In the last few posts I talked about implementing Blockchain in iOS using Swift. A lot of people emailed me and asking about the Javascript implementation of the Blockchain. This post shows how to implement the core engine of the Blockchain in Javascript using Node. The first step is to define the models associated with domain objects, represented in the Blockchain. These models consists of the following: Transaction: A transaction represents a transfer of value. This can be money, merchandise, medical records etc. Block: A block is mined by a miner which is later filled with transactions and added to the blockchain. Blockchain: A blockchain represents the linked list of blocks. A blockchain is immutable, which means once the block is added to the blockchain it cannot be altered. Once, our basic models have been created we can move on to implementing the core functionality of the Blockchain. We will start by allowing our blocks to add transactions. This is done by adding a addTransaction function to the Block class as shown below: A block is mined based on its key which comprises of the following properties: index: The current index of the block in the blockchain. previousHash: The hash of the previous block in the blockchain. nonce: The magic number which is incremented to find the secret hash which is used to sign the block. transactions: A list of transactions added to the block. The key property is a getter property on the Block class as shown below: Next, we will move to the Blockchain class. Below you can find the complete implementation of the Blockchain class. To generate a SHA256 hash we will use help from a node package js-sha256 . You can install the package by running the following command: Lets go ahead and test out our Blockchain by adding few transaction Continue reading >>

Job Application For Js Developer At Blockchain

Job Application For Js Developer At Blockchain

By clicking the I Accept button you expressly make the following representations and warranties and give your consents as described below: Blockchain collects your personal data for the purposes of managing Blockchains recruitment related activities as well as for organizational planning purposes globally. Consequently, Blockchain may use your personal data in relation to the evaluation and selection of applicants including for example setting up and conducting interviews and tests, evaluating and assessing the results thereto and as is otherwise needed in the recruitment processes including the final recruitment. Blockchain does not disclose your personal data to unauthorized third parties. However, as a global corporation consisting of multiple affiliated companies in various countries, Blockchain has international sites and Blockchain uses resources located throughout the world. Blockchain may from time to time also use third parties to act on Blockchains behalf. You agree to the fact that to the extent necessary your personal data may be transferred and/or disclosed to any company within Blockchain group of companies as well as to third parties acting on Blockchains behalf, including also transfers to servers and databases outside the country where you provided Blockchain with your personal data. Such transfers may include for example transfers and/or disclosures outside the European Economic Area and in the United States of America. Continue reading >>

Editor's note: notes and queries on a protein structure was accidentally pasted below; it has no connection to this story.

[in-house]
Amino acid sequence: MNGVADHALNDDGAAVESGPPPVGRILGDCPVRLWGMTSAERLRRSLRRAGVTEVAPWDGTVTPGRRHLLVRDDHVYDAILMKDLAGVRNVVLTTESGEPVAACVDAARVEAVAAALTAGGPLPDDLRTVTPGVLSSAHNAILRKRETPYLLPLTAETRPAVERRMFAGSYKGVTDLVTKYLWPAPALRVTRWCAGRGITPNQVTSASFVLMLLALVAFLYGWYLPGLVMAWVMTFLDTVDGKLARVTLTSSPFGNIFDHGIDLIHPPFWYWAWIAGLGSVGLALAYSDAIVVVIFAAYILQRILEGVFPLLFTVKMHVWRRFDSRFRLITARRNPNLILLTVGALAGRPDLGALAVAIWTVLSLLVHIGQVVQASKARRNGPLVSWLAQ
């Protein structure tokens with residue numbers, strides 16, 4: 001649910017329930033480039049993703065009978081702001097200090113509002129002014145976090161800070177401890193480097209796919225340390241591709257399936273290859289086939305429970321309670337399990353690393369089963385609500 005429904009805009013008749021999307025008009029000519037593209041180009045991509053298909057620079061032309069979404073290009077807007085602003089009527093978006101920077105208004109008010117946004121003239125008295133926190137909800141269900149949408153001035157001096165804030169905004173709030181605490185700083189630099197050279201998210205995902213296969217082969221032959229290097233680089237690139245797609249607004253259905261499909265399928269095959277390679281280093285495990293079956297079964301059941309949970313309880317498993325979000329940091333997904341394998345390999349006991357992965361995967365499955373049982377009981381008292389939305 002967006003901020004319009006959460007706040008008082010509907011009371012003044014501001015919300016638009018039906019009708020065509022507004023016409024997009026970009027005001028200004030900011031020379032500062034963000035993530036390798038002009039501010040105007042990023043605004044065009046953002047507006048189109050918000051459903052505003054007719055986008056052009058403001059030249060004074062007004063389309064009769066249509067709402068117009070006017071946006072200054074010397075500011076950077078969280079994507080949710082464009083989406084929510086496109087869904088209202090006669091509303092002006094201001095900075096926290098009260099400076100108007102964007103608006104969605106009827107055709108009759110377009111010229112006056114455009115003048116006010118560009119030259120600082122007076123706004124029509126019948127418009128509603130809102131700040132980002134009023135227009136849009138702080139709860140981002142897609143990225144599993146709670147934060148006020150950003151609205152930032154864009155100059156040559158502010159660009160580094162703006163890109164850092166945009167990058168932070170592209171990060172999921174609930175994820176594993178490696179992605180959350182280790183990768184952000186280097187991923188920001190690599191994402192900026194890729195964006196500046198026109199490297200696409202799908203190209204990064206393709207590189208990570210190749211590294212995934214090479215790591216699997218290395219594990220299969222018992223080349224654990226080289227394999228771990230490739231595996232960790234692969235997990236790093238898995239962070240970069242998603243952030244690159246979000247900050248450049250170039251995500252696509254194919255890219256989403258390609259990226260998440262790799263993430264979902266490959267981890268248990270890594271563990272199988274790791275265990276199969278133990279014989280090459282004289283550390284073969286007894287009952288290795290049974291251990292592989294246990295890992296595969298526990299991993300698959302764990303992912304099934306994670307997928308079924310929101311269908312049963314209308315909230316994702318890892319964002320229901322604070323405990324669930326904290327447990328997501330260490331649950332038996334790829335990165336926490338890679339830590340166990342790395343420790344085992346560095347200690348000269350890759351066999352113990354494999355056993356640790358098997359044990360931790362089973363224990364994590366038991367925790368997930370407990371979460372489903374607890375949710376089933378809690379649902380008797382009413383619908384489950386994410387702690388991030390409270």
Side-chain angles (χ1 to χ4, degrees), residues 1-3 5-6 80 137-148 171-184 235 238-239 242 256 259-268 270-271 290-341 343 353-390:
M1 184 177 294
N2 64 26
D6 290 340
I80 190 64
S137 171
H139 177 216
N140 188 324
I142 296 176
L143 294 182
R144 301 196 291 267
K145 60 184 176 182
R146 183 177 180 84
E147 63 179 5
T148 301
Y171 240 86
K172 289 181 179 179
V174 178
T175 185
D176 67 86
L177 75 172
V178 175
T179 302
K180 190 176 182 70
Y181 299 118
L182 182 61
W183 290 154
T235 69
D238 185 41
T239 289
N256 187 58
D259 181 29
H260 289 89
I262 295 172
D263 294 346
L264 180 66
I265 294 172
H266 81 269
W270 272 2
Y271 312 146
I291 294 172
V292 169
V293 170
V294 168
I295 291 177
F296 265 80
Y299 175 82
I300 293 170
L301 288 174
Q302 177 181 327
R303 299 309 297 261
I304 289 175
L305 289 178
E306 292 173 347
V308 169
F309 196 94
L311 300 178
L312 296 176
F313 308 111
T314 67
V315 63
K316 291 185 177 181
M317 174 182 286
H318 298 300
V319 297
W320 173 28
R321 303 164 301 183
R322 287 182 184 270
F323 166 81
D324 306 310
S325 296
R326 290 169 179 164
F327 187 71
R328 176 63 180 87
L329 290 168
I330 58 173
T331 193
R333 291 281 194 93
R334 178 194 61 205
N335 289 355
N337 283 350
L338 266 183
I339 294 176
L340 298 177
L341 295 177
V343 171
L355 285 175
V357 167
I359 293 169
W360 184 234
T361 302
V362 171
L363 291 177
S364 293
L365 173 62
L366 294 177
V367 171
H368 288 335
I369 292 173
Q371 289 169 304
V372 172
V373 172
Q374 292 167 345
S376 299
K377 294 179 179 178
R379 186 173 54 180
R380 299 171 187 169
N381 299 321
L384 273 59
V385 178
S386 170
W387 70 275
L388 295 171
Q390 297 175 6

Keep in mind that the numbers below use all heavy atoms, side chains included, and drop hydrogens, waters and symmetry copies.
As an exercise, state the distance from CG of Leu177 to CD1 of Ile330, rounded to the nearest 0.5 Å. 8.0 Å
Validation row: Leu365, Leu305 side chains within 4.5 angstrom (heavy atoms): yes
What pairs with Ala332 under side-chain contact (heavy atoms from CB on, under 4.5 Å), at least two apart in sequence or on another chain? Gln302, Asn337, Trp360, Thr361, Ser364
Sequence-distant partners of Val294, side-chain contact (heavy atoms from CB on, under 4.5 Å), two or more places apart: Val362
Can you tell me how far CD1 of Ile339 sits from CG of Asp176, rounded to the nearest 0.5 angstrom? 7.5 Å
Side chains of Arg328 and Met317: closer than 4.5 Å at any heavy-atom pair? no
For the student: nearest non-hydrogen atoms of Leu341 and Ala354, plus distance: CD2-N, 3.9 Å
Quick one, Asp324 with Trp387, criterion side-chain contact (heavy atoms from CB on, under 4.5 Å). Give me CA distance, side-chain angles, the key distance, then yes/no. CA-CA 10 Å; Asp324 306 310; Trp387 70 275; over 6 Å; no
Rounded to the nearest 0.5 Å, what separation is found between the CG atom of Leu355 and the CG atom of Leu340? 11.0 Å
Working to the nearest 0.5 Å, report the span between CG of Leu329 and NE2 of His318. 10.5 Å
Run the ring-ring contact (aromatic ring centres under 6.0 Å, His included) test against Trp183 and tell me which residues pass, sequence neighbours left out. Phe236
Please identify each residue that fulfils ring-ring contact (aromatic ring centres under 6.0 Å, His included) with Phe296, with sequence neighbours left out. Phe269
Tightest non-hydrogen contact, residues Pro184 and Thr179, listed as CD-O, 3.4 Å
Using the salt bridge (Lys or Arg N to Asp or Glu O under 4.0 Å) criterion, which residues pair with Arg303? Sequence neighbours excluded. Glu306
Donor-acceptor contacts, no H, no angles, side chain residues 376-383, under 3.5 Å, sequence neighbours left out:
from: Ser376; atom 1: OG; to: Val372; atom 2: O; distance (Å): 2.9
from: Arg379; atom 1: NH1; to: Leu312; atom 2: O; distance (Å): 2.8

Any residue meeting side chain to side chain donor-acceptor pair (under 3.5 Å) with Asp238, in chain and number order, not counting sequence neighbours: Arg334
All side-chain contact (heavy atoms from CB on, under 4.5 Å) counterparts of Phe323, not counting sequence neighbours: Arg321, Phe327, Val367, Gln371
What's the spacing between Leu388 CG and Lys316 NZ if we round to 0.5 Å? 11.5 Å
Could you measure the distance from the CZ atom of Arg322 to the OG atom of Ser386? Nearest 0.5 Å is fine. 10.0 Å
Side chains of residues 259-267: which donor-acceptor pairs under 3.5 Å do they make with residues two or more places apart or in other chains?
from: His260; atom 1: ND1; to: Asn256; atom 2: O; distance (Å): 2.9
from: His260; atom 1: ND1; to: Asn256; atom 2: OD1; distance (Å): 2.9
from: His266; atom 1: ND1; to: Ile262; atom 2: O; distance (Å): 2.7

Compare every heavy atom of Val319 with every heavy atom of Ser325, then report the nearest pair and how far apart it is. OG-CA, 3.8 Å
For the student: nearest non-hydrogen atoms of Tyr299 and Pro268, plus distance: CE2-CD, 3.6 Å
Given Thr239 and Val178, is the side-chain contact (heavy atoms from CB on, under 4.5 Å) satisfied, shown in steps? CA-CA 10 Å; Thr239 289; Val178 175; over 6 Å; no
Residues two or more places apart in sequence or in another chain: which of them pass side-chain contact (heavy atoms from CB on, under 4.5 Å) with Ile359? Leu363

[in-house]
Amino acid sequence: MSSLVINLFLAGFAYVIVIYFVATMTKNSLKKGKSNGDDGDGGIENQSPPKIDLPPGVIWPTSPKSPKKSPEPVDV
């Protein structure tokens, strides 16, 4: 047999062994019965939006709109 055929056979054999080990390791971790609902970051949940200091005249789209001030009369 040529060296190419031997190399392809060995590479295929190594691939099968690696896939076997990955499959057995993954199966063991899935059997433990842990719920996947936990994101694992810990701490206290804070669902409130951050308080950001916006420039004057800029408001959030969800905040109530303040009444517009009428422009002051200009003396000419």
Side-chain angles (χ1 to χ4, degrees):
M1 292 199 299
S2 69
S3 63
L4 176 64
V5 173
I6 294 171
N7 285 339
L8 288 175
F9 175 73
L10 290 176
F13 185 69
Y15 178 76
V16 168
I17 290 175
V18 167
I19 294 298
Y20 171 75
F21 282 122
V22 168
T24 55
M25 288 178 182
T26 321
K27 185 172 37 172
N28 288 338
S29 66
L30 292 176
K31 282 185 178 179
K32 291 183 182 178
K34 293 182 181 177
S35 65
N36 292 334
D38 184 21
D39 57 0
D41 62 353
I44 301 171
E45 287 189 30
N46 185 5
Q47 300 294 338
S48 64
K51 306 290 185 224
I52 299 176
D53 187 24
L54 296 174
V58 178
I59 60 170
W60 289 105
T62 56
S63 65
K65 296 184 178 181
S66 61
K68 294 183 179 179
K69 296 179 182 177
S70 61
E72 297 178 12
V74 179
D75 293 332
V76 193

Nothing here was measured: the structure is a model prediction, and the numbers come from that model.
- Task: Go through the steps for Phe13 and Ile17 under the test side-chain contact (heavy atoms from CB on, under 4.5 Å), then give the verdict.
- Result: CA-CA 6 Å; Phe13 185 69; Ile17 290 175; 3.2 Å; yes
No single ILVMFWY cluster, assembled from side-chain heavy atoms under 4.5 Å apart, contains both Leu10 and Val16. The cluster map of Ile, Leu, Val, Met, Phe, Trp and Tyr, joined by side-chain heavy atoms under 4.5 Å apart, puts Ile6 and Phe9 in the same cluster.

How To Create An Application On Blockchain Using Hyperledger

How To Create An Application On Blockchain Using Hyperledger

How to create an application on blockchain using Hyperledger We are going to build a digital bank using Hyperledger Composer. It will have customers and accounts. At the end of it, youll be able to transfer funds and record all transactions on blockchain. Well expose a RESTful API for the same, so that even a person who has no clue what blockchain is can make a beautiful user interface (UI) around it. Well also create this applications UI in Angular. Im super excited to share this step-by-step guide with you. So lets get started right away! Source: When I was first coding this out, I ran into errors. Lots and lots of them. But I think thats good, because it made me learn a lot of things. Errors are essential. I got to a point where I felt switching it on and off would make things better. It almost made me lose my mind, but its an integral part in every hackers life. Before getting started, you need to ensure that the machine youre using is equipped with the required configurations. You may need to download certain prerequisites and set up a basic dev environment. Below are the links to do that. Follow those steps before starting to develop an application, otherwise youll definitely run into stupid errors. First install the Hyperledger composer . Then install the development environment . Theres no need to start Playground while youre installing the environment. Make sure docker is running, and when you run./startFabric.sh its going to take a couple of minutes. So be patient. Now that your machine is all set, we can start coding! Source: Our Business Network Definition (BND) consists of the data model, transaction logic, and access control rules. The data model and access control rules are coded in domain specific language (which is very simple to catch up with). The tr Continue reading >>

Github - Nambrot/blockchain-in-js: Build Your Own Blockchain!

Github - Nambrot/blockchain-in-js: Build Your Own Blockchain!